The Flower Factory family considers ourselves to be in the communication business. All too often a well meant word or an innocent question can cause a lot of pain and thinking ahead can avoid a lot of unintentional hurt. It is very difficult to know just what to say and how best to support someone with breast cancer.
October is Breast Cancer awareness month and The Flower Factory recommends some helpful tips you may want to remember and a few phrases you may want to avoid.
“My Family Member/Friend had breast cancer.”
While most people know someone who has had cancer, many of the experiences they had may not at all be similar or common to the person you are speaking with. Each patient will have their own dynamic battle to conquer, so try not to relate to the negatives or positives of someone else’s condition.
“Will you lose your hair?”
This is very touchy as hair has long been tied to a woman’s femininity, and to think she may lose it can be tough to hear. Breast cancer survivor Joan Lunden put it best when she said “I’m not going to lie: Losing your hair is really weird. Hair is so part and parcel to your looks that when you take it away, it’s like someone drew a picture of you and they erased the hair. It’s still you — it just doesn’t look like you.” When it comes to hair it may be best not to ask the question at all.
“What stage are you in?”
The question is understandable if you are a friend or family member. If it’s someone you haven’t known long, it’s best not to ask. In reference to the question, consider its meaning to her. It could be interpreted as ‘how close are you to death?’ and not every woman with breast cancer will want to talk about their progression. It would be better to ask them how they are doing today instead.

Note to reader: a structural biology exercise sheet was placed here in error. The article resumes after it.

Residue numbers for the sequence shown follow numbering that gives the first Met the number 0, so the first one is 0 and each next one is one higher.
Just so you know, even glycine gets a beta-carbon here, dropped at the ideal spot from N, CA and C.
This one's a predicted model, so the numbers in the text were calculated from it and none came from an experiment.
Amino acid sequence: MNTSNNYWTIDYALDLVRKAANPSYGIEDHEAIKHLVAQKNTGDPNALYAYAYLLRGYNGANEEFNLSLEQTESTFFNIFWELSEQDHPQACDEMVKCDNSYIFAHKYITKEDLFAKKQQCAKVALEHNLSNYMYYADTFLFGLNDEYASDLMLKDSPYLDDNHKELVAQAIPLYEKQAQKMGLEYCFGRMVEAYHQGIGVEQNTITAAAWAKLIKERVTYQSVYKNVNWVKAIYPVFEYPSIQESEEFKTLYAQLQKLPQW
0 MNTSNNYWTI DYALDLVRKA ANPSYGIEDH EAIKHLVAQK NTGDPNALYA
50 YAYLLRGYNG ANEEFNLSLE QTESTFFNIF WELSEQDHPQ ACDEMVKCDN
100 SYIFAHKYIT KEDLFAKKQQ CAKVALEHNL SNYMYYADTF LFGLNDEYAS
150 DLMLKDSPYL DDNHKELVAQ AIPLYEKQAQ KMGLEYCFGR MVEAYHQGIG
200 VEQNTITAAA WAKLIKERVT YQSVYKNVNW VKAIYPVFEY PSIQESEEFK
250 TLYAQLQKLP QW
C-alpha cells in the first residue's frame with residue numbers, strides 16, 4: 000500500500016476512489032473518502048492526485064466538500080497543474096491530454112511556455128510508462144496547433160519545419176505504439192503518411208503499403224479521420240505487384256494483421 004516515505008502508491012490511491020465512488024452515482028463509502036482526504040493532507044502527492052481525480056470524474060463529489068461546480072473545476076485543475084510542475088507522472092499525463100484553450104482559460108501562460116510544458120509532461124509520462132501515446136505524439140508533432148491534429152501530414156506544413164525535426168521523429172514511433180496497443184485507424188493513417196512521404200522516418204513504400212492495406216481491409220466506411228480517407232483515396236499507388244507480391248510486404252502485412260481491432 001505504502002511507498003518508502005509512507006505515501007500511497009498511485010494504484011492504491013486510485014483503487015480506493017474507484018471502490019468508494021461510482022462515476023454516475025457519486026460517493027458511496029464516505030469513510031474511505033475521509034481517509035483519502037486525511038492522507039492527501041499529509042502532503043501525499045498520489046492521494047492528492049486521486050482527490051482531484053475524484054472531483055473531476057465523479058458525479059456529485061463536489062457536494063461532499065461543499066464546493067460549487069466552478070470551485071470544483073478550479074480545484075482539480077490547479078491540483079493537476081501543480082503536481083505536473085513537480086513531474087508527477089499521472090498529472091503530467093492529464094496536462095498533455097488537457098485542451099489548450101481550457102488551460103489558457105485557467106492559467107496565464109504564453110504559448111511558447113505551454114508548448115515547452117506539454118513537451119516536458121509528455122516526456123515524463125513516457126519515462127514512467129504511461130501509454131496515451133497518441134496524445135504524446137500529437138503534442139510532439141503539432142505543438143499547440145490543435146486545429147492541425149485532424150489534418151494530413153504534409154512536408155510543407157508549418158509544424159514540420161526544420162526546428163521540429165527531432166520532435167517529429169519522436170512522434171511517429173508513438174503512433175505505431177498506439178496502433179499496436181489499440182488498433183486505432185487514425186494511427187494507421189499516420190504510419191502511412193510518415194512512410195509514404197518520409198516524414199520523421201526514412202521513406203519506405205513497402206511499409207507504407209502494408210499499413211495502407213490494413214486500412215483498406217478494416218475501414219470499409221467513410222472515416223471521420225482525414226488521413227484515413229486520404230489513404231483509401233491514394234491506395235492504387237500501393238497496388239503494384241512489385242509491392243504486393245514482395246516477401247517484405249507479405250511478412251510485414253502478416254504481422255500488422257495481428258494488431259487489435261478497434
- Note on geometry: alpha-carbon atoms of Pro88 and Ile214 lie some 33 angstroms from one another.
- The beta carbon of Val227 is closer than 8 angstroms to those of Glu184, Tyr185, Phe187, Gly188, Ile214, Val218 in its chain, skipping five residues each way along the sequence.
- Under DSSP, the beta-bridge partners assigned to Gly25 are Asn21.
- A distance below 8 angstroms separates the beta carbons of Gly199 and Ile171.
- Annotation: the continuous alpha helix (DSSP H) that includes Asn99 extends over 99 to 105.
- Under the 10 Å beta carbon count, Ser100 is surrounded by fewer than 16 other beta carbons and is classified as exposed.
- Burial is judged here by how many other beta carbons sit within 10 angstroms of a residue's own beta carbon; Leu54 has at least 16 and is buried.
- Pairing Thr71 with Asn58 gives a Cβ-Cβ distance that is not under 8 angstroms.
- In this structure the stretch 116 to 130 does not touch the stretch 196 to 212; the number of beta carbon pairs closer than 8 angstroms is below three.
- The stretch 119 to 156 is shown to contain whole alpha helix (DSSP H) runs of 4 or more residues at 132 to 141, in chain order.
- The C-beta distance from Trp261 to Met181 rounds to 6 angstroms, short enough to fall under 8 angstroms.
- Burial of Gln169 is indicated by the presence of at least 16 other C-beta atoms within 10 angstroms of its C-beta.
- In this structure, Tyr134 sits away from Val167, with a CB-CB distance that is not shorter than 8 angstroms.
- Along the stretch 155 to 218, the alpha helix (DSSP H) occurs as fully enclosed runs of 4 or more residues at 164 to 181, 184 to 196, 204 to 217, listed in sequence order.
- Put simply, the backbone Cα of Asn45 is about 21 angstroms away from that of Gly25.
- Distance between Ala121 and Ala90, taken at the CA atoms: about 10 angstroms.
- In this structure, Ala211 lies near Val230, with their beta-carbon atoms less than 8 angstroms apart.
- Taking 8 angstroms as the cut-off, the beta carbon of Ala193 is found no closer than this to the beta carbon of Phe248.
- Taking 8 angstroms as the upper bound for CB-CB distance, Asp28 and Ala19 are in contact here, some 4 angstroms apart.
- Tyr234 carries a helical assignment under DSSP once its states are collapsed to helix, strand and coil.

“Are you sure that’s the best treatment option?”
When first diagnosed, sometimes family members feel they need to jump in and take control, which can include making decisions on how their loved one should be treated or how they should take their medication. With breast cancer the patient needs to be in control. In most cases, no matter what the treatment, your loved one will ultimately know which direction or path is best for her.
“Well it could be worse.”
Although breast cancer may not progress as fast as other forms of cancer that does not mean it is less serious. Breast cancer is still a life-threatening situation, and with cancer there really isn’t one that is better to endure than another. Saying something like ‘good thing they found it’ or ‘I’m praying for you’ can be a much better statement instead.
“Everything will be fine”
Reassurance is confusing as many cancer patients have at least a year of treatment ahead of them. Every stage of breast cancer has its own form of treatment. Early stages of breast cancer may involve having a lump removed, while later stages may require chemotherapy and or surgery. Not every patients experience will be smooth, so it’s important to show support of her condition and the struggle she’s about to face. Simply telling her to ‘be positive’ may be perceived as a command, and with the many worries that come with breast cancer, you don’t want her response to be ‘that’s easy for you to say, you’re not sick all day and can’t afford the bills’.
The Flower Factory will be using breast cancer awareness month to urge women to participate in self-examinations and schedule mammograms for early detection. We encourage our friends and family to take extra care to be sensitive to the feelings and sensitivity of their loved ones as they tackle an all too common illness and share your support in a quiet and understanding way. It’s sometimes more helpful to say less- than more.